And no, I'm not talking about Kerbal Space Program (which Buzz Aldrin supposedly loves). Most of the engineering documents for the Apollo program are freely available online, and there's a shit-ton of engineering software out there that one can access (some for free, some you've got to pay for) that you can use to design your rocket. This is the software program that Burt Rutan and his team used to design SpaceShipOne and win the X-Prize in 2004. I'm not familiar with the capabilities of the current iteration of the software, but even back in '01, the kind of shit it could do was incredible. And you could run it on an ordinary PC.

    I'll give you one example of what it could do: Let's say you're working on a big project, be it a rocket, or a building. You have a "master file" which is basically the design for the completed project. Then you have a shit-load of sub-files, which are things like floor plans, or plumbing for a room or floor. Now, suppose while you're designing the project (or even after you complete it) you find out that you have to make a change. Because it turns out that the building (or rocket) is going to be subjected to different stresses than you originally thought so you have to use larger bolts. You find one bolt, in one of the sub-files, change it to the new size, and hit "Global." The software will then not only automatically change the bolt size in all the other files, it'll also tell you, "Hey, there's going to be a problem with this component because it wasn't designed for a bolt that size and to make the change, you're going to have to modify it."

    There were, probably, millions of hand-drawn blueprints involved with building the Saturn V rocket. To make an equivalent change during the Apollo project would have almost certainly have taken years, and even then, any number of instances would have been missed until someone tried to install a part that wouldn't fit.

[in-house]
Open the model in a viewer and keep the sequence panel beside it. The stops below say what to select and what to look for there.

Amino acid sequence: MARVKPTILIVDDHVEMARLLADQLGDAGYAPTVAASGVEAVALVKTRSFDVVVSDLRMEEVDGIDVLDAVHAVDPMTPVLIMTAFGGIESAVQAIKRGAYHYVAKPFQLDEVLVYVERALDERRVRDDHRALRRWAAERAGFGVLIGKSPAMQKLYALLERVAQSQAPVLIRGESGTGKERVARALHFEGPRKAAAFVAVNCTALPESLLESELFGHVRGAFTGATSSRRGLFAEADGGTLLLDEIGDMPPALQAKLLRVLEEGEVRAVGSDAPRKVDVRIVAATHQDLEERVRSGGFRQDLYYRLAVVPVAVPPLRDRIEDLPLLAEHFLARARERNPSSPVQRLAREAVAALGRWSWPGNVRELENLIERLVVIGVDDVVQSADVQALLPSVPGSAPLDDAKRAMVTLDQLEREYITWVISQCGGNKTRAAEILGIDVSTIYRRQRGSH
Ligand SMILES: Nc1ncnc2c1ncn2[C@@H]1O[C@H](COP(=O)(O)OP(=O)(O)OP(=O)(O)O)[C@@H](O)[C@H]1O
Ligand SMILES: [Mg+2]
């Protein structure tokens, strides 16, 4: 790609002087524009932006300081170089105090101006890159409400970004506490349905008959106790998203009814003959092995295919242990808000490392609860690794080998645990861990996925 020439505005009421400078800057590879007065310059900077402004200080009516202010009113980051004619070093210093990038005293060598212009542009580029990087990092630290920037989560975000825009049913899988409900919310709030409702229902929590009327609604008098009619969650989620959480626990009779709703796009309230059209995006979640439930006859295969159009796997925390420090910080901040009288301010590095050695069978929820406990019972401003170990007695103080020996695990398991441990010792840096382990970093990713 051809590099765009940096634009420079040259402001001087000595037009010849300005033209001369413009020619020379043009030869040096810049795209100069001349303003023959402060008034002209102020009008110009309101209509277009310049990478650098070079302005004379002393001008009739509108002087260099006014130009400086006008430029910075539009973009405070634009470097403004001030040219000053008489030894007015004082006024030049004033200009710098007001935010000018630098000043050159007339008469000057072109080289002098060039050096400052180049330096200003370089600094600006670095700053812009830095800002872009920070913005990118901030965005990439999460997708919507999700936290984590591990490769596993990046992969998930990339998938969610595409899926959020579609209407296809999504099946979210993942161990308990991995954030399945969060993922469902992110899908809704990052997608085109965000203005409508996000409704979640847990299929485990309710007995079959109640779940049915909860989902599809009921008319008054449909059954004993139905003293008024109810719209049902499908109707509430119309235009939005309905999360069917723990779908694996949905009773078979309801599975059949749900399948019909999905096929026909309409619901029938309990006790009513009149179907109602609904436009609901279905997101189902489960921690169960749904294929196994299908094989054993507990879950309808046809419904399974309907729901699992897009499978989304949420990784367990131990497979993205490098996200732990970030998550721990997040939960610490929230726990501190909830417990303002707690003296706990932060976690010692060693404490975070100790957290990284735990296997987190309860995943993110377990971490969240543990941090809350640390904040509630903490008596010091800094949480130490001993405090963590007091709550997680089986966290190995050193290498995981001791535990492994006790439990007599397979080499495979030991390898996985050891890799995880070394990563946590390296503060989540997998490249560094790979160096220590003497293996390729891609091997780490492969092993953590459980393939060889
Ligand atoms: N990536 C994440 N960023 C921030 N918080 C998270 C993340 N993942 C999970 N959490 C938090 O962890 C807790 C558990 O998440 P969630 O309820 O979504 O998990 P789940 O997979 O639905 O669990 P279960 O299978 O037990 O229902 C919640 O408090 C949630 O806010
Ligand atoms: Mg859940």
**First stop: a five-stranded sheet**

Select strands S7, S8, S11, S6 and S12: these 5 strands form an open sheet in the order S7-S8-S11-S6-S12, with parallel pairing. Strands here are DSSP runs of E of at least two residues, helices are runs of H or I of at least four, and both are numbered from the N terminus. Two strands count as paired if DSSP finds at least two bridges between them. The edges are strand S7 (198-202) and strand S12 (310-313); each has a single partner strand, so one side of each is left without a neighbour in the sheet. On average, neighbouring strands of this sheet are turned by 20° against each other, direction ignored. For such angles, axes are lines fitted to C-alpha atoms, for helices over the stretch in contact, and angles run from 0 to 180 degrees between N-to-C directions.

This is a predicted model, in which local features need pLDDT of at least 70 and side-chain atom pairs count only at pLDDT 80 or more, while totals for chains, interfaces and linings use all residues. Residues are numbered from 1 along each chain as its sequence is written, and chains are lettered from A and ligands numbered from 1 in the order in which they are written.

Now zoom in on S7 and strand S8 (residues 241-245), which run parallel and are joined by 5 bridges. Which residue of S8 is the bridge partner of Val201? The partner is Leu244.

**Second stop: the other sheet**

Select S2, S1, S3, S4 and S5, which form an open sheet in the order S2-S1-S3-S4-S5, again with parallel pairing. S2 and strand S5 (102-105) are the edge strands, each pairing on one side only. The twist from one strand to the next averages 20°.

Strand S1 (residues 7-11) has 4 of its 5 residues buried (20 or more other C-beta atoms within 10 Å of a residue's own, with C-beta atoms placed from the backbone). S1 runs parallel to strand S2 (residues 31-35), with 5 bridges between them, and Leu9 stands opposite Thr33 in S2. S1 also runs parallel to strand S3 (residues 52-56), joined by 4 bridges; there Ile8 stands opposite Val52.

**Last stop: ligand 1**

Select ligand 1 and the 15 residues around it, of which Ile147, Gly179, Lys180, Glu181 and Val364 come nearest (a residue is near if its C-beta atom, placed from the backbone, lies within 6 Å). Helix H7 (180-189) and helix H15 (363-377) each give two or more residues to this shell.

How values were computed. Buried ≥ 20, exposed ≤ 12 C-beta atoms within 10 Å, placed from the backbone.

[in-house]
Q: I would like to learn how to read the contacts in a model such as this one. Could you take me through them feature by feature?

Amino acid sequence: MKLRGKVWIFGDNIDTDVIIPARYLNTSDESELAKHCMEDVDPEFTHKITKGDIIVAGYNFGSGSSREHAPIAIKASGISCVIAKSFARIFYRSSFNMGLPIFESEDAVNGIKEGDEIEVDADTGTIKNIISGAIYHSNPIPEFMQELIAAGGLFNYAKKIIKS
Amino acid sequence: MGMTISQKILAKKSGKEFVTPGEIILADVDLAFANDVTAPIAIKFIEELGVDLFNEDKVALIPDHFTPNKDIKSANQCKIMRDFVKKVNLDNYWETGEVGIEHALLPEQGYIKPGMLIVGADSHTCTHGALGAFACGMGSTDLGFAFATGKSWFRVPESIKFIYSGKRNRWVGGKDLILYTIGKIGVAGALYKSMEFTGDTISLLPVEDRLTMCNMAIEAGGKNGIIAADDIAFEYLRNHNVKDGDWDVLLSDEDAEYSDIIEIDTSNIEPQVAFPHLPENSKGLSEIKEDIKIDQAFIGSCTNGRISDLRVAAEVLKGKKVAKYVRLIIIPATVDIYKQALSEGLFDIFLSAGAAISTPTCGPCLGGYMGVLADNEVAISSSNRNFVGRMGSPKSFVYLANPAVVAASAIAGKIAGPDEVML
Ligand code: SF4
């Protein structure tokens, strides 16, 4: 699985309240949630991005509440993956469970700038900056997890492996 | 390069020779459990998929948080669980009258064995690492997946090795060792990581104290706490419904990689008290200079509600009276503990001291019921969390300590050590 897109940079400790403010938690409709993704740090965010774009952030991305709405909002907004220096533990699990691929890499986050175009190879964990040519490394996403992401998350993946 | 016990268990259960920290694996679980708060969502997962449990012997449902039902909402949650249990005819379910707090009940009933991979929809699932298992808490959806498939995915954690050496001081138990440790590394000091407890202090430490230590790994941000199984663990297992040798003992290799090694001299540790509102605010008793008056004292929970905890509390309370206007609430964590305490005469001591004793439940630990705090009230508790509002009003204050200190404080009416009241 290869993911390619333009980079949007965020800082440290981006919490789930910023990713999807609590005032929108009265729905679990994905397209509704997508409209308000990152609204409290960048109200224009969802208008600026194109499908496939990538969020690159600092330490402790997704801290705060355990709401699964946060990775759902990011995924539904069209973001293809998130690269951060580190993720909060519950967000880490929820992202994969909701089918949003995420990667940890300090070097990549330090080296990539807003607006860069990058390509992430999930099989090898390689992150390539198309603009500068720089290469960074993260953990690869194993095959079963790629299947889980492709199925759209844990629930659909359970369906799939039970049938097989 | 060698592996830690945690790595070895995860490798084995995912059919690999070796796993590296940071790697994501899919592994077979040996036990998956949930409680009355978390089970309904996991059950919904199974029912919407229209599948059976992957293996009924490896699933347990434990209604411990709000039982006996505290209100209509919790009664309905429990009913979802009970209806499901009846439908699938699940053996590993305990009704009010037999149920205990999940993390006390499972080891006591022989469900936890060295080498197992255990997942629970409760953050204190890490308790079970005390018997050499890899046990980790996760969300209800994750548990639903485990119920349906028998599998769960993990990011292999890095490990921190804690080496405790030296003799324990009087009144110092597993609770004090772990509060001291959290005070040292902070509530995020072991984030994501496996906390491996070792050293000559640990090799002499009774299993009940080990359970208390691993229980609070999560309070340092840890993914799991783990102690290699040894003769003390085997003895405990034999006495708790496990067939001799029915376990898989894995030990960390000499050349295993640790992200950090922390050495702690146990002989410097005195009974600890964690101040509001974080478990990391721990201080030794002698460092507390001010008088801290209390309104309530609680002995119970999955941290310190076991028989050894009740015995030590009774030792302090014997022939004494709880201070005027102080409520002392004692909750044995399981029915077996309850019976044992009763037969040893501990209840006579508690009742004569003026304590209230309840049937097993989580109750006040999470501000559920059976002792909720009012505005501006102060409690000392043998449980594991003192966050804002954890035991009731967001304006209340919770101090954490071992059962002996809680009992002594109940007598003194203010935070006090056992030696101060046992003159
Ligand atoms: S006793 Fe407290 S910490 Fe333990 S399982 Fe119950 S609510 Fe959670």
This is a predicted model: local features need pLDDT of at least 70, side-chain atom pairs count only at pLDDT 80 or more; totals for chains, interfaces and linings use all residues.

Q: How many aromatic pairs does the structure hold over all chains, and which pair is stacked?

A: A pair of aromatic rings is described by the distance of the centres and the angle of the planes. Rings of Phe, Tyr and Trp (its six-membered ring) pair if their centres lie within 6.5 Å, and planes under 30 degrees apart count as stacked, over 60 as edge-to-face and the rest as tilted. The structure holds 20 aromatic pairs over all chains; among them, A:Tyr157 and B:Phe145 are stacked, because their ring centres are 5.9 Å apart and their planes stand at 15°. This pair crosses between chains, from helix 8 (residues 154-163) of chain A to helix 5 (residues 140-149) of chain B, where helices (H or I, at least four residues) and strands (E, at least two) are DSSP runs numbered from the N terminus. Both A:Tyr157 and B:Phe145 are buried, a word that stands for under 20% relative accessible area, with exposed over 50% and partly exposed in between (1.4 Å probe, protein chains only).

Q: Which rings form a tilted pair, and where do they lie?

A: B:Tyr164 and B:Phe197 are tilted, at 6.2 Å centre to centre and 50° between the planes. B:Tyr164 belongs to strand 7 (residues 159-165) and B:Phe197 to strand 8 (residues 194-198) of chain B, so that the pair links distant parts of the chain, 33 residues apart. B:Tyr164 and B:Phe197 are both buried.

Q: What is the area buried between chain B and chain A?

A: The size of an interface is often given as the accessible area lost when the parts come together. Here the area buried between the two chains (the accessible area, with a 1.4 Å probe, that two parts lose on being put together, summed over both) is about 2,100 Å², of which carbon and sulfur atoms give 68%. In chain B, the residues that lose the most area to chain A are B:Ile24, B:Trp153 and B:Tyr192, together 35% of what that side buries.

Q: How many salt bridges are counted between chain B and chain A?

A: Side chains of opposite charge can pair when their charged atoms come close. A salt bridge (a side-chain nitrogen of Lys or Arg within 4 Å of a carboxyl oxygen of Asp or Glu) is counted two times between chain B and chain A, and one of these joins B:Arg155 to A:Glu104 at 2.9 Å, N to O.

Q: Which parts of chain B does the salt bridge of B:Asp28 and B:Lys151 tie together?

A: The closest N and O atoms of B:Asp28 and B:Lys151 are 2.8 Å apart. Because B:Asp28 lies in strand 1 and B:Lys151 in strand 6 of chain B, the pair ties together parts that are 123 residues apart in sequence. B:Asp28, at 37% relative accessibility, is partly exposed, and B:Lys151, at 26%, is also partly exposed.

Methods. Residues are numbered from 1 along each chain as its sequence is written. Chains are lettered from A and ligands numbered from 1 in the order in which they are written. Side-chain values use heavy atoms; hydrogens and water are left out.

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  7. Bickendan

    Bickendan Custom Title Administrator Faceless Mook Writer

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    Holy shit, the Soviet space program worked that well with that setup?
    Ima knock back a shot of vodka for that achievement! :salute:
    Fuck the Soviet Party though.
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  8. ed629

    ed629 Morally Inept Banned

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    My first computer was a Packard Bell Legend 286. it had a 286 8mhz or 12mhz in turbo mode, you pressed a button on the case to run it at 12mhz, a 30mb hard drive, 8 megs of RAM, 5-1/4 and 3-1/2 floppy drives, VGA monitor. We thought it was the best thing ever, we learned about BBS's, FTP's, how to program in basic. I'd say that my knowledge level on that machine would have been expert, where now on his laptop I'd say my level is just enough to fix some things without making them worse. We bought that at Circuit City. By we, it was a family computer that we also used dial up on.

    upload_2021-2-2_19-34-29.png

    My first that I bought myself was a Packard Bell PB660CD, it had 486 processor that ran at 75mhz, 500mb hard drive, 3-1/2 floppy drive a CD-ROM, a MOUSE!, XGA display, and Packard Bell 3D sound. That pretty amazing, you could actually hear the sound in 3D on it, similar to what you hear on surround. I still have this computer, crazy right? This isn't it, but a picture of what it looks like.

    upload_2021-2-2_19-45-19.png
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  9. Bailey

    Bailey It's always Christmas Eve Super Moderator

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    https://incoherency.co.uk/blog/stories/world-computing-power.html

    Couple of years old, but this is interesting.

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  10. Paladin

    Paladin Overjoyed Man of Liberty

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    In Soviet Russia, water conserve you!